Chapter 4 The Normal Distribution & z-Scores

4.1 Normal Distributions Are Special

In statistics, normally distributed data are special. We see normal distributions in nature (sometimes). When data is normally distributed, we can make additional conclusions about it because we know its shape.

You already know three ways to determine if a distribution is normal or not (looking at the histogram, comparing the mean and median, and using SPSS). In the real world, examining the histogram along with the SPSS method is most useful.

You may have discovered in the activities that you could not create a meaningful histogram for nominal data. Here is a more formal list of the qualities of normal distributions:

  • They represent continuous*, quantitative data
  • They are symmetrical (so, no skew)
  • The mean, median, and mode are equal
  • They are bell-shaped and symmetric about the mean
  • The total area under the curve is equal to 1
  • The ends of the curve approach, but never touch, the x-axis (this is called an asymptote)
  • As you go from the mean to past one SD away from the mean, the graph starts curving upward

* You will see this rule broken from time to time, as other kinds of distributions can sometimes be treated like continuous distributions. Likert-type scales are a good example. Technically, normality is a property of continuous data.

You also can make statements about proportions (e.g., the percent of people having a specific score) based on areas under the curve (later in this section).

4.2 Probability Density Functions (PDFs)

A histogram with dots at the top of each bar and a line connecting the dots

The same histogram with the bars removed, leaving only the curve

Another way to look at a histogram is as a probability density function (PDF). This means little more than connecting the midpoint of each bar to form a curve, crudely shown here:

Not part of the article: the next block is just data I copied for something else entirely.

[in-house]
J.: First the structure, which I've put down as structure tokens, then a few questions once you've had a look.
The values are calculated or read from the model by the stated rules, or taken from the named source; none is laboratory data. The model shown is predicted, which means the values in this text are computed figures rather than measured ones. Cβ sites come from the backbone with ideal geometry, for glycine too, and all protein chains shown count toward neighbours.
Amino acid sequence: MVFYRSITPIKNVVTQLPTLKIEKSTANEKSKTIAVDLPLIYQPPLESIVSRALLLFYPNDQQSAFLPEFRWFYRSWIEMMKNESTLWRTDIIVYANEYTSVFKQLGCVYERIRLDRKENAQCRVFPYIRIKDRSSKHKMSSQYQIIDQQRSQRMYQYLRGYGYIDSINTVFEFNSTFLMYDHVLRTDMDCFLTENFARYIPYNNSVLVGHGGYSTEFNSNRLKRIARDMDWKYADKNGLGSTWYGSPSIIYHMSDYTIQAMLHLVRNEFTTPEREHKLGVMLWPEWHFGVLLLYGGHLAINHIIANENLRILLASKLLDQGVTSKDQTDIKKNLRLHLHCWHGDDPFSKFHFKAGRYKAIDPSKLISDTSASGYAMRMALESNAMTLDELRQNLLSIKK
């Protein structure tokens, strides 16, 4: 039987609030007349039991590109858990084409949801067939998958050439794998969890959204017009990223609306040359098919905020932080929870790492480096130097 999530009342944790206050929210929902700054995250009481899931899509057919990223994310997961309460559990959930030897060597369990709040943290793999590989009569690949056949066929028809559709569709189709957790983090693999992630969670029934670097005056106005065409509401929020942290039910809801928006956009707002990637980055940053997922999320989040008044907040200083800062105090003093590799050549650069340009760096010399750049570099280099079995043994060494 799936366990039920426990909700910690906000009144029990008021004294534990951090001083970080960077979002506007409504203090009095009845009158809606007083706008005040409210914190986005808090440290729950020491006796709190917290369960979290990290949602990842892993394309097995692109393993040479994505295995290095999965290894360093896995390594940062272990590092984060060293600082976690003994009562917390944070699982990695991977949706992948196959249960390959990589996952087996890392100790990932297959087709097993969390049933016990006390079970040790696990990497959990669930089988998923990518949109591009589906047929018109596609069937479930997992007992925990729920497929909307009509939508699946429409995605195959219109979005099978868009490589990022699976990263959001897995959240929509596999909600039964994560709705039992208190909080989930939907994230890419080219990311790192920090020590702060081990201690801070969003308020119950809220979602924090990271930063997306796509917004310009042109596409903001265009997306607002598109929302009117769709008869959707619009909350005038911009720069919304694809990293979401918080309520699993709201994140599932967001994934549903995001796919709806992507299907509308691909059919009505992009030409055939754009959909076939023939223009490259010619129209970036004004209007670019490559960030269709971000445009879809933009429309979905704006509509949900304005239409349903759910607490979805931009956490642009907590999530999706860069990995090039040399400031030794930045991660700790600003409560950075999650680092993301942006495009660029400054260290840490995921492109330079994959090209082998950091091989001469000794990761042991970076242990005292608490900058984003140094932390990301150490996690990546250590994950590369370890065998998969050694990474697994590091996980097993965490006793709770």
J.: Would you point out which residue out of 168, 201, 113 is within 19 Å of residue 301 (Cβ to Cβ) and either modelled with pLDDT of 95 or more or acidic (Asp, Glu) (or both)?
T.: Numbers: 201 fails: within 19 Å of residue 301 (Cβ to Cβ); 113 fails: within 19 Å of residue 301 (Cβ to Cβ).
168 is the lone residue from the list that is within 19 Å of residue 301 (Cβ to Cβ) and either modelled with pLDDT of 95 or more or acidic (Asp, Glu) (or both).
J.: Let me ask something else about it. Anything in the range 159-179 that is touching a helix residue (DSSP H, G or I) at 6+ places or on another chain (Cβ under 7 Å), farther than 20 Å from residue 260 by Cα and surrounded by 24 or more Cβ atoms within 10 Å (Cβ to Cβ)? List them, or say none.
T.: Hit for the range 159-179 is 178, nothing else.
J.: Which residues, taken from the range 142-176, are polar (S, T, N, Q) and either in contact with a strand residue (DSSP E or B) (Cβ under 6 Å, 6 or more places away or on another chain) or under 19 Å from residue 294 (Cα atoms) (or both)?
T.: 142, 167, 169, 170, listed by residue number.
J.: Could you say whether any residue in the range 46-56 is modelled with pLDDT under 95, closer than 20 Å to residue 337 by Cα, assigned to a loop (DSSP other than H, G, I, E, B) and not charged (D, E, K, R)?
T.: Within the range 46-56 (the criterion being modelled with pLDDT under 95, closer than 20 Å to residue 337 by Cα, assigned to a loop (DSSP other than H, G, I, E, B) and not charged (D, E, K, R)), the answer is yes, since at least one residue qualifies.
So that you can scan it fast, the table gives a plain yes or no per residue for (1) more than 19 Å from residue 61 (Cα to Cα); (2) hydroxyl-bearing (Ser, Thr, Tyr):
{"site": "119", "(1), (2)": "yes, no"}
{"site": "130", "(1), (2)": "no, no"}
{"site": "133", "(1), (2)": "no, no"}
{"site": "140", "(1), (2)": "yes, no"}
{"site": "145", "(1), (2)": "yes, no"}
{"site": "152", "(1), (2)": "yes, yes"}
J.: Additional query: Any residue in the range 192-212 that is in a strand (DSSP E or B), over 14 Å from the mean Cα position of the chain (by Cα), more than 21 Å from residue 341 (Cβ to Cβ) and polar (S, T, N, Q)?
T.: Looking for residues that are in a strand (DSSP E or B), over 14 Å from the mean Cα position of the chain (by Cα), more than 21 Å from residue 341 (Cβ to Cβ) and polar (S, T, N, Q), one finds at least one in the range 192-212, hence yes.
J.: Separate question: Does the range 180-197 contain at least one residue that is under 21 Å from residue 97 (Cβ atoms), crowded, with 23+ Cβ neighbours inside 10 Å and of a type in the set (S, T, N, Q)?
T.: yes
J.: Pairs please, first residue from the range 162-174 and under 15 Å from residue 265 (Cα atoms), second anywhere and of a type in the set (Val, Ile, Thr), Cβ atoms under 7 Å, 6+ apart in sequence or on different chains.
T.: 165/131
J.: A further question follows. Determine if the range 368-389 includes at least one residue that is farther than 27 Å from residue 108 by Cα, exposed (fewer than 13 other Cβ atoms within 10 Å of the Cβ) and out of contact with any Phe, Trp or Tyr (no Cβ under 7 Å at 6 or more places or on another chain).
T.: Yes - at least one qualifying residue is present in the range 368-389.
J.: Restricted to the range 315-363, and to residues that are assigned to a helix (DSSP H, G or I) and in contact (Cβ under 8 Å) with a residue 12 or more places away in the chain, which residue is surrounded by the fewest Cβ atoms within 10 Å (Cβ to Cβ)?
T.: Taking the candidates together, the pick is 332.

The red dots are included to show the midpoints of each bar. Whether the graph shows bars or a continuous curve, the information is the same. When you see these curves, recognize them as showing frequencies, just like the histogram.

PDFs are a useful tool to examine the rarity of different scores. In the PDF shown above, you can see that 6.0 hours is a more common score than 10, which is more rare.

Given that PDFs are really just histograms shown as a continuous curve, we can call the normal distribution the “normal probability density function.”

4.3 Probability and Areas Under the Curve

We will discover in class that the area under the curve corresponds to probability. Three rules about probability are useful going forward:

4.3.1 Classical (or theoretical) probability: When each outcome is equally likely, the probability for an event is equal the number of outcomes in the event divided by the number of possible outcomes (all the possible outcomes are called the sample space).

Example: For the event of rolling a 1 on a die, there is one outcome in the event and 6 possible outcomes in the sample space, so the probability is 1/6, or 0.167, or 16.7%. For the event of rolling an even number on a die, there are 3 possible outcomes in the sample space, so the probability is 3/6, or 0.5, or 50%.